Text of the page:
Sundance Preview: Mark Duplass is Both Mentor and Star on Set of 'The One I Love'

The One I Love Sundance Film Still - H 2014

The One I Love Sundance Film Still - H 2014

A Twitter sensation turns filmmaker with the help of a mumblecore vet, as Charlie McDowell debuts his first feature in Park City.

The Sundance Film Festival is a mecca for independent cinema and a pool of fresh filmmaking talent. But with nearly 200 films selected for exhibition, it can be a dizzying game of catch up. So this year, The Hollywood Reporter decided to do a bit of prep work for you: Here's the who/what/where/when/why on a film worth putting on your radar.

Placing sixth on Time's “Top 140 Twitter Accounts of 2012” may not sound like a necessary accolade for a budding filmmaker, but in Charlie McDowell's case, it was an essential step of becoming a professional storyteller. At this year's Sundance, the just-published author (his memoir Dear Girls Above Me arrived in June 2013) will make his directorial debut with The One I Love, a wry examination of a couple (played by Mark Duplass and Elisabeth Moss) trying to save their marriage. Before it's unveiled to festival-goers at The MARC Theatre on Jan. 21, we talked to McDowell about his Premiere category entry, carving out a niche on social media, and the importance of having a Duplass on a filmmaking team:

Background: McDowell -- son of Malcolm McDowell and Mary Steenburgen -- is an alum of the American Film Institute's directing program. In 2006, he shot his thesis short Bye Bye Benjamin, a kid-centric comedy that made the festival rounds and took home a handful of awards. But like most millennials, McDowell found real success when he turned his attention to the art of tweeting. In 2009, the director spun 140-character comedy gold out of the overheard musings of his two upstairs neighbors. “Dear Girls Above Me” was a viral hit, one McDowell was able to leverage into his first published book of essays, released by Crown Publishing earlier this year.

"In high school, I hated to write,” he says. “It was my least favorite thing. And my mom, not to throw her under the bus, she saw a psychic when I was a little kid, and she said I was going to be an author when I grew up. So in high school I would complain about how much I hated writing and she was like, 'You're going to grow up to be an author one day.' And I was like, 'I'm not going to be an author mom!' And then I published a book.”

The Big Break: While McDowell was grateful for the experience of penning, he couldn't help but see the exercise as a distraction from making movies. For McDowell, Twitter was an outlet for venting that evolved into public entertainment. That meant his audience had demands. “If I didn't post something one day, I would get people tweeting at me asking where the post was for the day. It was something I had to continue. I felt bad if I didn't post anything. That was my life for a good two years.”

Almost immediately after graduating from AFI, McDowell and his writing partner Justin Lader began work on a script called Fighting Jacob. There were close-call moments where the movie was almost made. And then it wasn't; producers bailed, financiers pulled the plug, and just when the duo thought they were moving into preproduction, plans were cancelled. “That was a big blow. It was six years out of film school and I had been trying to make a movie for so long.”

Getting the Film Off the Ground: Life eventually threw McDowell a bone in the form of writer/director/actor/producer/indie film renaissance man, Mark Duplass. With encouragement from their shared agent, Joanne Wiles, McDowell and Duplass took a meeting and talked through Fighting Jacob. They clicked. “We have a connection in a brotherly type way,” McDowell says. “I had seen my parents, who are in the business, always have a mentor figure. They were such huge figures for them. So my dream was to have a mentor. I wanted to learn from someone. I had never found that until Mark.”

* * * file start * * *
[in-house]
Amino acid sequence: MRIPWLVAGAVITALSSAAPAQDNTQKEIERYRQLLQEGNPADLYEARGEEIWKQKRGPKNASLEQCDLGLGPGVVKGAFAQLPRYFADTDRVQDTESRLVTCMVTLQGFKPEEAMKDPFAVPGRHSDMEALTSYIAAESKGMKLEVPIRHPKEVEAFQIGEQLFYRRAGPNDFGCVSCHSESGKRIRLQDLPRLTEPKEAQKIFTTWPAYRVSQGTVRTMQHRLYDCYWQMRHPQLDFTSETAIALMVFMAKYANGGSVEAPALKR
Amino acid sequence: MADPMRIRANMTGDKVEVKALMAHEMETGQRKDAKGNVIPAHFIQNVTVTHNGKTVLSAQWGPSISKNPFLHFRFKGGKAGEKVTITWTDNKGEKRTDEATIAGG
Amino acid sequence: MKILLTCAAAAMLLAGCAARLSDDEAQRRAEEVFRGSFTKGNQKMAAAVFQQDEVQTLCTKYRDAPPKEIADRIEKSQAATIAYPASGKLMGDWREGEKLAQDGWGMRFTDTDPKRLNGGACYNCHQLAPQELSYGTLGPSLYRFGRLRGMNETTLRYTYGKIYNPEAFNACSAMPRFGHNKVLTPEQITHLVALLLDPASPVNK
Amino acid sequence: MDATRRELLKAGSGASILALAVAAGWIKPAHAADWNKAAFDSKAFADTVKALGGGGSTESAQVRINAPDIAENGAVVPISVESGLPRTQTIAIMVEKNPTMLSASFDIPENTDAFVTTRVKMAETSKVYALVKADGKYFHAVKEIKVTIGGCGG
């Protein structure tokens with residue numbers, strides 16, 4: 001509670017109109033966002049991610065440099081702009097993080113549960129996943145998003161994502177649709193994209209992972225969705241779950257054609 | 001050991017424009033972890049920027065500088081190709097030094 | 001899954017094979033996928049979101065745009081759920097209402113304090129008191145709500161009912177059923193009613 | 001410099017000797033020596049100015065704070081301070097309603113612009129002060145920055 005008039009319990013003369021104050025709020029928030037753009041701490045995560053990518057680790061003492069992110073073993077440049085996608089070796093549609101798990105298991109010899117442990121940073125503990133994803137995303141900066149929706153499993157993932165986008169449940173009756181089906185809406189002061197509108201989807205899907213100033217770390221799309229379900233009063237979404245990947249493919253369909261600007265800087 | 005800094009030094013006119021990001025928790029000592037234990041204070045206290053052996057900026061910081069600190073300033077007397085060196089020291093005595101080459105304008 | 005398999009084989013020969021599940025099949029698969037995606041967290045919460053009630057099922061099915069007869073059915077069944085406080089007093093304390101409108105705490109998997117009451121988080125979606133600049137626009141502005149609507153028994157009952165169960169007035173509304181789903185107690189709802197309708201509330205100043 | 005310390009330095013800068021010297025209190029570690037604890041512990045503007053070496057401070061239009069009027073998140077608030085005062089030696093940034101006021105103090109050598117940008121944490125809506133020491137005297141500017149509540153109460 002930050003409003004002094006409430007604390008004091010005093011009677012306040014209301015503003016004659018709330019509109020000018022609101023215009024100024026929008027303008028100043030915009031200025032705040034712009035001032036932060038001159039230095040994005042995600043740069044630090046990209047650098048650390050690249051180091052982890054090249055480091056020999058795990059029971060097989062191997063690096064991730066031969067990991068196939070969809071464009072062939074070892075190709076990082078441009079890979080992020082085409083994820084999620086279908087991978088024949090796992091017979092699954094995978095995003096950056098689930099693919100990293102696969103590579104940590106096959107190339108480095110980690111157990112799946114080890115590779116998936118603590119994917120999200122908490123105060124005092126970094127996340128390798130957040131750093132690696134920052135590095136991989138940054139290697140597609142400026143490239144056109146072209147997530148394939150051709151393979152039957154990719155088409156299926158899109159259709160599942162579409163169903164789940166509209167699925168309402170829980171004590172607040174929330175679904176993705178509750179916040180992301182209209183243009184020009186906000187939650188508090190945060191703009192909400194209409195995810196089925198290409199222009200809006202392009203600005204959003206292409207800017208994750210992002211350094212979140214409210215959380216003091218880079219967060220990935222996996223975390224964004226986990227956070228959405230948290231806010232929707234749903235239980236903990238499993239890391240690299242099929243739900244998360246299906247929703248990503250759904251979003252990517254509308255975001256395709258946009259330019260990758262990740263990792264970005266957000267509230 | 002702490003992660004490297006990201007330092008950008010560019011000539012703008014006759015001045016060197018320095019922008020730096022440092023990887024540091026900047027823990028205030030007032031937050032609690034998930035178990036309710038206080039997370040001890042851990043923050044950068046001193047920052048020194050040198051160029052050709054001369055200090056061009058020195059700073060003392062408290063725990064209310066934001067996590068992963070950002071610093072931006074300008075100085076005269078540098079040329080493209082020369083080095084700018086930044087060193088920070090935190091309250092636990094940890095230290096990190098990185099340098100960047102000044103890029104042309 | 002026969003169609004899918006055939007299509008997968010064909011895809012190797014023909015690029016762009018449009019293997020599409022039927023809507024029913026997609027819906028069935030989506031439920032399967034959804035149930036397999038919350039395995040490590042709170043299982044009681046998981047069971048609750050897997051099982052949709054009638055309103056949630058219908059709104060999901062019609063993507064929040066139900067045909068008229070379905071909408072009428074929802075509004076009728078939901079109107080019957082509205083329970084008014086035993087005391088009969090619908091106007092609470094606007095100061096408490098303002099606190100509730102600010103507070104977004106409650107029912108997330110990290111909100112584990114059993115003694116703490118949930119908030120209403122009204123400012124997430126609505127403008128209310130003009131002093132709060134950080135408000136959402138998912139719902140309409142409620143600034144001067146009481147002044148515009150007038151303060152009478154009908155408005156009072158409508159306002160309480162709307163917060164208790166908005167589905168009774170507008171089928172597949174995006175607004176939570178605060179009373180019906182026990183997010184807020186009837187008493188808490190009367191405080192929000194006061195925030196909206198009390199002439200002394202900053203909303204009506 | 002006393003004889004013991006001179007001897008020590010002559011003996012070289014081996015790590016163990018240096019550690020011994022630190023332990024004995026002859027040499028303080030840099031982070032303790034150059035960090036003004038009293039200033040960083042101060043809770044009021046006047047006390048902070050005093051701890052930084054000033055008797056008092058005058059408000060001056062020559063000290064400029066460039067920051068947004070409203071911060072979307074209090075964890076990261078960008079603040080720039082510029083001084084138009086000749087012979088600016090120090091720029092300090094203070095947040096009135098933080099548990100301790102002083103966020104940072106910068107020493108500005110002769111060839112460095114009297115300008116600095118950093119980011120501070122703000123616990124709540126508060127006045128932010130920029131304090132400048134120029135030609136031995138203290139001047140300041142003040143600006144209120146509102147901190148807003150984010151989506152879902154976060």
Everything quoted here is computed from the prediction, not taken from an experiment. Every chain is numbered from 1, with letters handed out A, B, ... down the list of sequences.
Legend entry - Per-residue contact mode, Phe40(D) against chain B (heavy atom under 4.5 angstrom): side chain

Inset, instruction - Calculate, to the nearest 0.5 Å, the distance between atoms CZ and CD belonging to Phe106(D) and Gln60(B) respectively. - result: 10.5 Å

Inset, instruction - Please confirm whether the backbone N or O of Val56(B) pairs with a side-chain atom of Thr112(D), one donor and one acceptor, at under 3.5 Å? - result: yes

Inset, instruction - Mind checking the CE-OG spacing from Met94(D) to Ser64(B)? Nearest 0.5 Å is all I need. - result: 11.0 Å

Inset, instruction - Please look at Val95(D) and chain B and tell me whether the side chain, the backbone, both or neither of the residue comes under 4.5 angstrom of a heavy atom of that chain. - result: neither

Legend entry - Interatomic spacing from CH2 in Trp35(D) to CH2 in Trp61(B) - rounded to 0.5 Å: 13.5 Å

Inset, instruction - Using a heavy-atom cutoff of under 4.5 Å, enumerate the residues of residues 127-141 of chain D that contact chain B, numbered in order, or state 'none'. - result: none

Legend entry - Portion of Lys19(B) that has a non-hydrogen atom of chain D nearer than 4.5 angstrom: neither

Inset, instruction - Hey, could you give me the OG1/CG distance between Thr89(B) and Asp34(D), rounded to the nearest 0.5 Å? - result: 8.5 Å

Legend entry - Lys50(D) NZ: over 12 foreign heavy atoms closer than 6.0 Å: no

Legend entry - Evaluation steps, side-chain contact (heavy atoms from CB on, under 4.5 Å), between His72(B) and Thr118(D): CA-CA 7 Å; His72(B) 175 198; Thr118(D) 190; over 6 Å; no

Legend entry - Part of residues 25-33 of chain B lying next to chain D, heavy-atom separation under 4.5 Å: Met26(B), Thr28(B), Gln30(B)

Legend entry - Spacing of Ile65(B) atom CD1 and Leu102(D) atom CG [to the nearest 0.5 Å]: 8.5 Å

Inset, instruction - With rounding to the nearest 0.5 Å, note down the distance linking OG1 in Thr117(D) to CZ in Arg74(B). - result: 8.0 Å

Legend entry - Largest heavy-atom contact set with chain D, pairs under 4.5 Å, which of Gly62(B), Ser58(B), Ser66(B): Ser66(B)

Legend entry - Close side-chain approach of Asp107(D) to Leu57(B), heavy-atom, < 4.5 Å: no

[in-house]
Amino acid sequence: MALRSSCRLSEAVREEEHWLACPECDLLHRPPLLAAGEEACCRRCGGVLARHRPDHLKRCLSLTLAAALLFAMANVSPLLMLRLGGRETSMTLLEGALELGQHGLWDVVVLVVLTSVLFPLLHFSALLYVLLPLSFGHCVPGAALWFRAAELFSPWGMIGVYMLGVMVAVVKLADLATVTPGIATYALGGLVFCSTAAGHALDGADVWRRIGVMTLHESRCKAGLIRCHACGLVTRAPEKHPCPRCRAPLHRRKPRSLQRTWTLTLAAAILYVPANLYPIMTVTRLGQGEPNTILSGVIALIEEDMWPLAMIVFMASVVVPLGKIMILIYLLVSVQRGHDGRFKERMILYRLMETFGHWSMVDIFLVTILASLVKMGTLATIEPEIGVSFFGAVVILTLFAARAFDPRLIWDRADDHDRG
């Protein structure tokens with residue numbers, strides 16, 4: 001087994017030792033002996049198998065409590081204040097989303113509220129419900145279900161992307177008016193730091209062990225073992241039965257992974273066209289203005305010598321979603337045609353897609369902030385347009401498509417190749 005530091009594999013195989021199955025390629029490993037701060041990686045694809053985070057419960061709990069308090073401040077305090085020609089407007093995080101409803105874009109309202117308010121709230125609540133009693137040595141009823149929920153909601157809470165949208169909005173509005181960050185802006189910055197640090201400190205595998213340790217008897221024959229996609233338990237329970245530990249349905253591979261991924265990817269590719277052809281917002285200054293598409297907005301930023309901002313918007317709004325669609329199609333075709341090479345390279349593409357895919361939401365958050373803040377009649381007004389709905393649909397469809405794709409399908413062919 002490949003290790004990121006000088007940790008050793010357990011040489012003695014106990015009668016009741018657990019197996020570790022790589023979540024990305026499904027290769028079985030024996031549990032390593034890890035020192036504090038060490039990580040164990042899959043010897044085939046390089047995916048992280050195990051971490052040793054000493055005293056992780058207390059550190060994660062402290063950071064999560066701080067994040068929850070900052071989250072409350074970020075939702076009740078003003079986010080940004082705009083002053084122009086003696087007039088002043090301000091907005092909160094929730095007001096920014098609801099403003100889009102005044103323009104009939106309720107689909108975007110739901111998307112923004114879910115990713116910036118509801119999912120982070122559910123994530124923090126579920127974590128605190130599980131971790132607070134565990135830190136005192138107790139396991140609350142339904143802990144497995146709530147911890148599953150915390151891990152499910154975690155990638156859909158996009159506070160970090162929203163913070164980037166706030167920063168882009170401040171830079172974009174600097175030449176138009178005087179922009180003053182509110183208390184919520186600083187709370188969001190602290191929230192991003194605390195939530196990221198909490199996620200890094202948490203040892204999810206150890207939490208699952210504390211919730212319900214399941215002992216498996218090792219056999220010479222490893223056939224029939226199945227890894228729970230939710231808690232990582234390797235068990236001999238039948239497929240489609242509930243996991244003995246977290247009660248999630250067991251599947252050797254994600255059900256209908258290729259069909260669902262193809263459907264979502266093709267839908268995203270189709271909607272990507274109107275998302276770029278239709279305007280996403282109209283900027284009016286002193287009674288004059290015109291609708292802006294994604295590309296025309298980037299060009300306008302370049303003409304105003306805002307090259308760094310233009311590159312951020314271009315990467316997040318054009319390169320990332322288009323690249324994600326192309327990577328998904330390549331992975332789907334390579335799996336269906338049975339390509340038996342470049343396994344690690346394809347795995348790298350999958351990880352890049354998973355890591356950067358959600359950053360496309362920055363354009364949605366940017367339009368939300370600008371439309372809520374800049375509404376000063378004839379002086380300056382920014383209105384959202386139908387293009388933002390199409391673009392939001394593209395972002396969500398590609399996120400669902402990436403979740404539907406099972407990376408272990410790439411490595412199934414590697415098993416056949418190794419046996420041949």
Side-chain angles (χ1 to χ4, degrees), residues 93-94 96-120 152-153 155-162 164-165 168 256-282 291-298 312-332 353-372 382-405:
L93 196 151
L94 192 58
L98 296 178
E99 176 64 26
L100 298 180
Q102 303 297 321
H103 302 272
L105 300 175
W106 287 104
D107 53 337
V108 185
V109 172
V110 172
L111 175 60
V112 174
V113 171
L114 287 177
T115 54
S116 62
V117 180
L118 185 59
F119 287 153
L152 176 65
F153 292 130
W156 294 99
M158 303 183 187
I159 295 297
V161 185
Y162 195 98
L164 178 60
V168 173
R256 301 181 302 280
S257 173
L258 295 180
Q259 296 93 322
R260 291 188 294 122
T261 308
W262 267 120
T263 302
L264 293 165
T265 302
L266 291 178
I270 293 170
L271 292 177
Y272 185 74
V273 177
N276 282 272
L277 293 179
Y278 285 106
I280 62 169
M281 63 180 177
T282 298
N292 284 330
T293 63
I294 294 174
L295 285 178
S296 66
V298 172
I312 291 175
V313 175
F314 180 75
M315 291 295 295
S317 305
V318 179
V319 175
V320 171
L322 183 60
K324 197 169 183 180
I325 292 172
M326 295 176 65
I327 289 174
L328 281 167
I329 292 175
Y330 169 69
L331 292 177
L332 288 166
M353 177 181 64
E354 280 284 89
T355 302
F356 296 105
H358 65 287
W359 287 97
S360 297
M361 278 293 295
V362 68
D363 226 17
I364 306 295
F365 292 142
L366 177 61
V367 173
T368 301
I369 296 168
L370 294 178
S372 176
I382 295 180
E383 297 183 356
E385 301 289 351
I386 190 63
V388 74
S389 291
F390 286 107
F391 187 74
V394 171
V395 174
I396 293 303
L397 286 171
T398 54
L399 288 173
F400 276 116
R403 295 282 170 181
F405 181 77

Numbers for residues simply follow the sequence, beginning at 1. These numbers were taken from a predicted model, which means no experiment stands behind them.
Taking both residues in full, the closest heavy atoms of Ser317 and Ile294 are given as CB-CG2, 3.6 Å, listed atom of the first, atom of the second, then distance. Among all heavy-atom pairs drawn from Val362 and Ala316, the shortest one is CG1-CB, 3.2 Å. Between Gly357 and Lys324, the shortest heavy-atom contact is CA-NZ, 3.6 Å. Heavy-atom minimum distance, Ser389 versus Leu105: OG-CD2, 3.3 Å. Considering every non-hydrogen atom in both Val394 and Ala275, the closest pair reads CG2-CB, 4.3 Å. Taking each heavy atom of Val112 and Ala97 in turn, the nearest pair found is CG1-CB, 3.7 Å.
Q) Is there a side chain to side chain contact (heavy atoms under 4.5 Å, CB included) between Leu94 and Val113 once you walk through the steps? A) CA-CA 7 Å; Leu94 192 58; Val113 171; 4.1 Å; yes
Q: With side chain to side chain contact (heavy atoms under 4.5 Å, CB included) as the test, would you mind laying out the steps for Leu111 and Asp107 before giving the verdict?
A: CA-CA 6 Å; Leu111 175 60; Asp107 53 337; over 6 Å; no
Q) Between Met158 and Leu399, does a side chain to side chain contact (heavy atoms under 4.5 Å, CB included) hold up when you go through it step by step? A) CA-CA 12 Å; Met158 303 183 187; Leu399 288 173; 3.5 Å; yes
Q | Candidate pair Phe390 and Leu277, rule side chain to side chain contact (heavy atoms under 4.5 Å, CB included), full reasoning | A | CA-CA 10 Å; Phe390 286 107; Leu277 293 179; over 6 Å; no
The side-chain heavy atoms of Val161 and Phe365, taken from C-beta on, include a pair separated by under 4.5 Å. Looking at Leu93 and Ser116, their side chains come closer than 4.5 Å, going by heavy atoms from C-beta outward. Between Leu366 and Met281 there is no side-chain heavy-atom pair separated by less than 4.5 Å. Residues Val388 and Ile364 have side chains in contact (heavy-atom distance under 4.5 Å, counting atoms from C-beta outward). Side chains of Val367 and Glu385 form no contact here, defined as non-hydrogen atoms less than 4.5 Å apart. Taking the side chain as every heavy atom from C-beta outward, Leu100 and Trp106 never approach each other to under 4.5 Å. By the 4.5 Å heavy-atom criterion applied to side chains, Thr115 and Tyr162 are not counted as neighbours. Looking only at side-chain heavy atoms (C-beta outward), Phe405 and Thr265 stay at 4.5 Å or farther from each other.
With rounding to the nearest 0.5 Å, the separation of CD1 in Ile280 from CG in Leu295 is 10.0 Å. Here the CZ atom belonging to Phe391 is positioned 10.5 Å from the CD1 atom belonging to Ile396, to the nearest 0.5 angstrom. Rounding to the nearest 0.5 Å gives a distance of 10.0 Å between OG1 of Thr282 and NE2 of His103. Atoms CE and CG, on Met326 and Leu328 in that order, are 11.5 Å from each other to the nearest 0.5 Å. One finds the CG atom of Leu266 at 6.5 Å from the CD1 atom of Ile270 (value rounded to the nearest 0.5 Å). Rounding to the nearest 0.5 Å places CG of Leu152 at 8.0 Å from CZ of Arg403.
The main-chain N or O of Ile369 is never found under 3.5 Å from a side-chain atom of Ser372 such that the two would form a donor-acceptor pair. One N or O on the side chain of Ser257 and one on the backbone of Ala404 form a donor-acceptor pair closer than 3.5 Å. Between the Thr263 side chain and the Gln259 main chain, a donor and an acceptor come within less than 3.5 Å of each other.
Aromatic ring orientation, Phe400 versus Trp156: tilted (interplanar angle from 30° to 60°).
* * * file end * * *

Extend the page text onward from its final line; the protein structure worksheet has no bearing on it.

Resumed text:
After reading the script, Duplass continued to develop ideas with McDowell. Eventually, Duplass planted the seed for different movie: The One I Love. “Mark came to me with a one-line idea,” he says. “I sent it to my writing partner and we both thought that the e-mail had been cut off by accident. We thought we were going to send us the characters and we'd go off and write it. But it was one line. Then I responded to Mark. 'Where does it go? What happens?' And he said, 'I don't know. I just came up with the line.'”

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What The One I Love became was a movie McDowell describes as a relationship-based dramedy with a Charlie Kaufman-esque element to it. The director admits he would normally have been intimidated to tackle the material with the likes of Duplass and leading lady Moss, but after years of toiling away the script, he just wanted to dive into the material. “I was so thankful for Mark and Elisabeth. They are incredible actors but different in their approach. I think Mark, being a filmmaker, is so in tune with what's going on around him and has a producer hat on as well. He gives what someone might want in the editing room. And Lizzy doesn't even pay attention to the cameras. She's just there.”

When It All Seemed to Click: “There was actually a moment with Mark where we weren't sure about a direction to go with his character. I remember calling him because he had gone home to see his family that night. I had crafted an e-mail trying to learn more about the character. And I sent him the e-mail and he called me the next morning at 5 A.M. and said, 'You did it.' He was basically welcoming me into the club a little bit. 'You really figured it out. We didn't figure it out. You took the time to figure it out.' That for me was the great moment where I felt like I could do this and that it was the right thing.

Twitter: @misterpatches